Navajo-Hopi Nations,Flagstaff & Winslow News
Fri, Sept. 18

Children's book author shares love of science at Winslow Library

WINSLOW, Ariz. - The Winslow Library is the site of many interesting activities for people of all ages. Developing an appreciation of reading in children is a goal of the staff at the library and many of the activities have that goal in mine. This was certainly the case on April 24.

Award winning children's book author Conrad J. Storad spoke to a group of young people at the Winslow Public Library on April 24. He spoke for over an hour about the subjects of his books, which were mostly animals native to Arizona. He gave many demonstrations and awarded prizes to students who could answer questions about Arizona or some of its animals. His performance was very well received and the children all seemed to stay both interested and entertained.

Storad writes about science which, of course, includes the study of animals. His books are non-fiction and written in such a way as to interest and entertain young readers. They make wonderful teaching tools for teachers who use them.

One of his books, "Rattlesnake Rules" won a U.S. A. Best Books Award in 2011 after having won two awards from the Arizona Publishing Association. "Don't Ever Cross That Road: An Armadillo Story "won an Arizona Young Reader Award in 2006. "Don't Call Me Pig: A Javelina Story "won the Arizona Governor's Choice Award in 2006 and at least four other awards.

Storad is now retired from Arizona State University and is available for presentations at schools, libraries and other entities. He is scheduled to return to Winslow on June 21 at the Girl Scout House at 1 p.m. He will be in Holbrook that morning at 10 a.m. at the library.

During his presentation at Winslow he noted that his writing has been about many animals including Gila monsters, javelinas, rattlesnakes, ringtail cats, pack rats, roadrunners and the desert tortoise. All of these books are entertaining but will teach the reader facts about the animals.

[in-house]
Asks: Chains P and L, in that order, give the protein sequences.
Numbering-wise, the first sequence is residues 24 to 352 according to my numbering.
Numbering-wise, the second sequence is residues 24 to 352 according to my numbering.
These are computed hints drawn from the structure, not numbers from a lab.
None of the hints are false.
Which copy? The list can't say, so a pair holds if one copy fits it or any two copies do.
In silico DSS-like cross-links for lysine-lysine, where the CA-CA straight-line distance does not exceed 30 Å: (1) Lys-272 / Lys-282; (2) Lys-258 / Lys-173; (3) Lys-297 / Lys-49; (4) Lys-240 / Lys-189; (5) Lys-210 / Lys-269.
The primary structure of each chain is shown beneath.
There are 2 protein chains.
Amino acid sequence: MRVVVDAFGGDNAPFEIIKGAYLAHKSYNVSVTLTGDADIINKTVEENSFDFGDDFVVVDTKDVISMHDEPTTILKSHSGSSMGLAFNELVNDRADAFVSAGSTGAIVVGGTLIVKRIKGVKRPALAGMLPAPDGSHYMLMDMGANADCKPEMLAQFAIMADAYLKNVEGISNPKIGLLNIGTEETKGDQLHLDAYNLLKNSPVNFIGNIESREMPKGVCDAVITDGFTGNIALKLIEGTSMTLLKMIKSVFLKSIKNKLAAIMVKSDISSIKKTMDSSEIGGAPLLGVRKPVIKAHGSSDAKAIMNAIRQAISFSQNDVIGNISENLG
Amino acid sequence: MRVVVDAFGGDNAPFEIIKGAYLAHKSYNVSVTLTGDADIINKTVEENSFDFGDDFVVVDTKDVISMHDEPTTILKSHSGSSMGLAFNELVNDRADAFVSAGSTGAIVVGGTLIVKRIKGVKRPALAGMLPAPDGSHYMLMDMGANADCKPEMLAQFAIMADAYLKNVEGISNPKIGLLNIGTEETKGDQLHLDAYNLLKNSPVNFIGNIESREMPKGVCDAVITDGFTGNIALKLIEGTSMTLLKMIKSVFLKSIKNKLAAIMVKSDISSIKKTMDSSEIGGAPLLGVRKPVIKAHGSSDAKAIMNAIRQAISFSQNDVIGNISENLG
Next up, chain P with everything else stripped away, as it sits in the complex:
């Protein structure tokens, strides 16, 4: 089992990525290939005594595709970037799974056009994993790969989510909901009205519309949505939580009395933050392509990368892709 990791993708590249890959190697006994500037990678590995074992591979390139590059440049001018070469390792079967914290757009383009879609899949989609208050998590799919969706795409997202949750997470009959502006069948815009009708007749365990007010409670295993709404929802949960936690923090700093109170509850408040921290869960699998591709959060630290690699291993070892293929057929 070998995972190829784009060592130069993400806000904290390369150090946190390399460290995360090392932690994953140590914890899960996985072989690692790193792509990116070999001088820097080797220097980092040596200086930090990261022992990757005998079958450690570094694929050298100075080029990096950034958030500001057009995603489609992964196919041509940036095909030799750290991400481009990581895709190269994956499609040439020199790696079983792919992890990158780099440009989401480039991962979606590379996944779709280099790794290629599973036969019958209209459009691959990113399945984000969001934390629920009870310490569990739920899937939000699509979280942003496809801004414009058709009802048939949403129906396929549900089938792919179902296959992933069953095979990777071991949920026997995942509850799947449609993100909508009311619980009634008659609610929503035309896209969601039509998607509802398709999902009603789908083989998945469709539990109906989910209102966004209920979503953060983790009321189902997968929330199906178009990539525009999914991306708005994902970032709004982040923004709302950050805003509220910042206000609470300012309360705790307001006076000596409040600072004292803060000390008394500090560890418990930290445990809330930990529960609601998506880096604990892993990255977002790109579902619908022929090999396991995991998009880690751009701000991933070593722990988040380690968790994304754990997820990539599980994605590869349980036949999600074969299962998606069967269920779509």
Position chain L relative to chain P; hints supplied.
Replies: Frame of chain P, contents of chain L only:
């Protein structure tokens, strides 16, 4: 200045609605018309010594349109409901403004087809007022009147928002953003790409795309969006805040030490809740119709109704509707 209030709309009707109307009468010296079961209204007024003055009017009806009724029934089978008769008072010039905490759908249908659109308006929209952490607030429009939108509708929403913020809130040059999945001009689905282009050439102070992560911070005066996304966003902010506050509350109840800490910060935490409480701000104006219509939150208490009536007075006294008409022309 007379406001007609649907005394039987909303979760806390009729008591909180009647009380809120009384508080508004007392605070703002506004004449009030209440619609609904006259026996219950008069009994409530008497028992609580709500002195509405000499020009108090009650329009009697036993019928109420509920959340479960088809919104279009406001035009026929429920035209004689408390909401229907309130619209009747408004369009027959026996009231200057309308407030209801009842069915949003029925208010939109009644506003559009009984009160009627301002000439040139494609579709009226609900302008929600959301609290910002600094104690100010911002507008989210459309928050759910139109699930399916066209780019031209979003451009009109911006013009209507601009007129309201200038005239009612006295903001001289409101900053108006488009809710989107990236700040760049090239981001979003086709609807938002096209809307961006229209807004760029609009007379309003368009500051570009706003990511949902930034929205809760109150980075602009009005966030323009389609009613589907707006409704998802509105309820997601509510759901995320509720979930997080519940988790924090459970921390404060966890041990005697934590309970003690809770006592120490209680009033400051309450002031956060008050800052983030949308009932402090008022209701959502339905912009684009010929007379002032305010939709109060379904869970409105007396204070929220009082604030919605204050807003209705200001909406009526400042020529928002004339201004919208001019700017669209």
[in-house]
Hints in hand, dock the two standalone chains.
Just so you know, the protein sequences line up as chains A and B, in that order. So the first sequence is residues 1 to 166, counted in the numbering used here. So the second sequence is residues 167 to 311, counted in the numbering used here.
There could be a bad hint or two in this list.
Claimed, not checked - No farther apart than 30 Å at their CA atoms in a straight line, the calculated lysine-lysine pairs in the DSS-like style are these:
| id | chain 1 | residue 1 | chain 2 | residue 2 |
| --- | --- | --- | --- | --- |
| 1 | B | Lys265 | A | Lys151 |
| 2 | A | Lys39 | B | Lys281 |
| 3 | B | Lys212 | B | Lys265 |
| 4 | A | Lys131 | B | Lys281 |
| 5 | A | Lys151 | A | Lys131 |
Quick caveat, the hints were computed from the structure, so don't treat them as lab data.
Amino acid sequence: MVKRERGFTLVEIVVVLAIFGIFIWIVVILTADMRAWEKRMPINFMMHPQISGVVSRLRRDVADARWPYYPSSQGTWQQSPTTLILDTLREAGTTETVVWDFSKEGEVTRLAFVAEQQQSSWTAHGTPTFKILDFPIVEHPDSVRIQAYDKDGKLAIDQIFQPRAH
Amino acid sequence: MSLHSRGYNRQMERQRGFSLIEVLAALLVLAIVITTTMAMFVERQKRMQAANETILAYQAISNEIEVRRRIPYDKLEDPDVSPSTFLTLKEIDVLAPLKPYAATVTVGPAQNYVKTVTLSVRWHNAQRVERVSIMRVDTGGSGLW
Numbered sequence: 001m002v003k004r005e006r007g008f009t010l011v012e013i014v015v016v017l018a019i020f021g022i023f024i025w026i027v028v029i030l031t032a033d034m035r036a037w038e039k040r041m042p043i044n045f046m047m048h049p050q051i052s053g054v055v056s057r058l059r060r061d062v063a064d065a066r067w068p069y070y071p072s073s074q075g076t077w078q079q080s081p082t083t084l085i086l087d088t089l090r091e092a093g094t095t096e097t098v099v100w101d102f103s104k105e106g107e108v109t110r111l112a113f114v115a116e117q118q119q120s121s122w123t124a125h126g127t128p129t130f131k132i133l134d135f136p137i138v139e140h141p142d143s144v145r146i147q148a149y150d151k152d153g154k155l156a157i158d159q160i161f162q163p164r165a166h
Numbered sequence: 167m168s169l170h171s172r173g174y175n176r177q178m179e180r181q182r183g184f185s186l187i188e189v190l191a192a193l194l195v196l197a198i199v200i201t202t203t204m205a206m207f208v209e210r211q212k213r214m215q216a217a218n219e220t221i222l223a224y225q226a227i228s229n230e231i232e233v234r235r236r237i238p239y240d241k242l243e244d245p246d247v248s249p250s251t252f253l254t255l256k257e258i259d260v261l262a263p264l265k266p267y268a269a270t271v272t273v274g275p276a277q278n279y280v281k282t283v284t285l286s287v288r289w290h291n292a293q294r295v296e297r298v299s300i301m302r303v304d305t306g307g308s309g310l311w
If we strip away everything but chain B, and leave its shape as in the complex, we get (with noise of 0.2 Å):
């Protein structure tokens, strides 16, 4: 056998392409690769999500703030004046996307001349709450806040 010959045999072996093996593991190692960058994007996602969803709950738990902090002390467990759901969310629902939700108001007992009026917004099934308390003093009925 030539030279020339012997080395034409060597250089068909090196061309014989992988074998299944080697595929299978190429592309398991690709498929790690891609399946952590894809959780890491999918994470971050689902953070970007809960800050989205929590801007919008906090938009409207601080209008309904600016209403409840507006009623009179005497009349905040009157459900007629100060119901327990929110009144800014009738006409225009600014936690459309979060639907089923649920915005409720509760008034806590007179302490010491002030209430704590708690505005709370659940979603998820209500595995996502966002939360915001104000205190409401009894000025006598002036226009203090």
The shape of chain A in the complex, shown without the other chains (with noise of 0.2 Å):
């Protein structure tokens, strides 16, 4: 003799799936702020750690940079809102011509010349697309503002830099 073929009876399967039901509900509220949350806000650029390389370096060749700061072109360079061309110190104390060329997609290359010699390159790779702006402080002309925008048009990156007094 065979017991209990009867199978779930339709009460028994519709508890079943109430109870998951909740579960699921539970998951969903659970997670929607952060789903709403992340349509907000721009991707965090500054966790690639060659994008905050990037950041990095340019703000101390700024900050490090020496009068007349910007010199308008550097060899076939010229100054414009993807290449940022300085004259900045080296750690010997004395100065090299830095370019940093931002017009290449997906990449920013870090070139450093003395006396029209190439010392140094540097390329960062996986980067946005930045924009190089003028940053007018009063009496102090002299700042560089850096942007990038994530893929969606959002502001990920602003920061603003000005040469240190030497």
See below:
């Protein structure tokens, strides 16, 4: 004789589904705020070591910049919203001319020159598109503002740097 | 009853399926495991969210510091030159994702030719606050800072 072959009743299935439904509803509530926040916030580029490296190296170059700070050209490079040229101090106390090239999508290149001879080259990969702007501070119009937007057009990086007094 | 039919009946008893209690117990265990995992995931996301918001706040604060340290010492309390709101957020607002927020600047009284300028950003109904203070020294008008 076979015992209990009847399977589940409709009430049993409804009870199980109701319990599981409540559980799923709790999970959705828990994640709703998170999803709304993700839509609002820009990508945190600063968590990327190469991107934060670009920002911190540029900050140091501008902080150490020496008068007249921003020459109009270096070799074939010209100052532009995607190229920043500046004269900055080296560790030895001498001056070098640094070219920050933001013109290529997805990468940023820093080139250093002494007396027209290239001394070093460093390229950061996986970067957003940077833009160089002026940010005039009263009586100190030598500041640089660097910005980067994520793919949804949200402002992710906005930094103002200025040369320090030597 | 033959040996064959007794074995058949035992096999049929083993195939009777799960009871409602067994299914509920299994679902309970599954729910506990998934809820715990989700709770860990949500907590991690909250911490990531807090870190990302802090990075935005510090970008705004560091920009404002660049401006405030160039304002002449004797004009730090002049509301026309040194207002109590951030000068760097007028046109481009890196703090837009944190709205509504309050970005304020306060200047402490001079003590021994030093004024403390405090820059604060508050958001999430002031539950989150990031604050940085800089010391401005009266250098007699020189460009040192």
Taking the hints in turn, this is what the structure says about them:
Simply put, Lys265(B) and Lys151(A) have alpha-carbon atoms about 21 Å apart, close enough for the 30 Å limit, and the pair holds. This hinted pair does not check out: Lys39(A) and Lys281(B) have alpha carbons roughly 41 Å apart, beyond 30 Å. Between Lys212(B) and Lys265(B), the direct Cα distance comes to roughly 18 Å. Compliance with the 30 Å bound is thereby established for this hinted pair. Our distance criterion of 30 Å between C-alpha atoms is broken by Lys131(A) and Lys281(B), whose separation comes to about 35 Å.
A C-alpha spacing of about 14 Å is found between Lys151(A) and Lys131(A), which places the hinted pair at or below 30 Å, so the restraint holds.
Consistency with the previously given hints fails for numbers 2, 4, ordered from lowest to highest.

Storad said that during a visit to Kartchner Caverns he learned that there were ringtail cats in the building. These were named the Arizona State Mammal in 1986 and were also known as miners' cats as they often live in mines and help by eating mice and rats. These at the monument were just a curiosity until the management found that hundreds of dollars' worth of stuffed animals and chocolate candy was missing. At first this was thought to be theft until it was discovered that ringtail cats were taking the stuffed animal toys, tearing them up and making mattresses. They were, of course, eating the candy.

Parents of children of all ages will enjoy the presentations at Winslow and Holbrook on June 21. There were children from pre-school to high school age at the Winslow Library and all appeared to enjoy the show. In fact, the older adults also appeared to enjoy the presentation and, to a limited scale, took part in the question and answer segment of the event.

The Winslow Library is fortunate to have Docia Blaylock as the librarian. She is known for lining up top quality performances. After the performance she said, "We are grateful to the OneBook Arizona committee for sending their authors into our communities this year. In celebration of the state's centennial, this program was funded by the Arizona State Library under the Arizona Department of State. Winslow will also host OneBookAZ author Lisa Schnebly Heidinger on Thursday, Aug. 23. Her book, 'Arizona: 100 Years Grand,' is the adult level selection. Copies of both books are available for check out from the Winslow Library as well as all other libraries in Navajo County."

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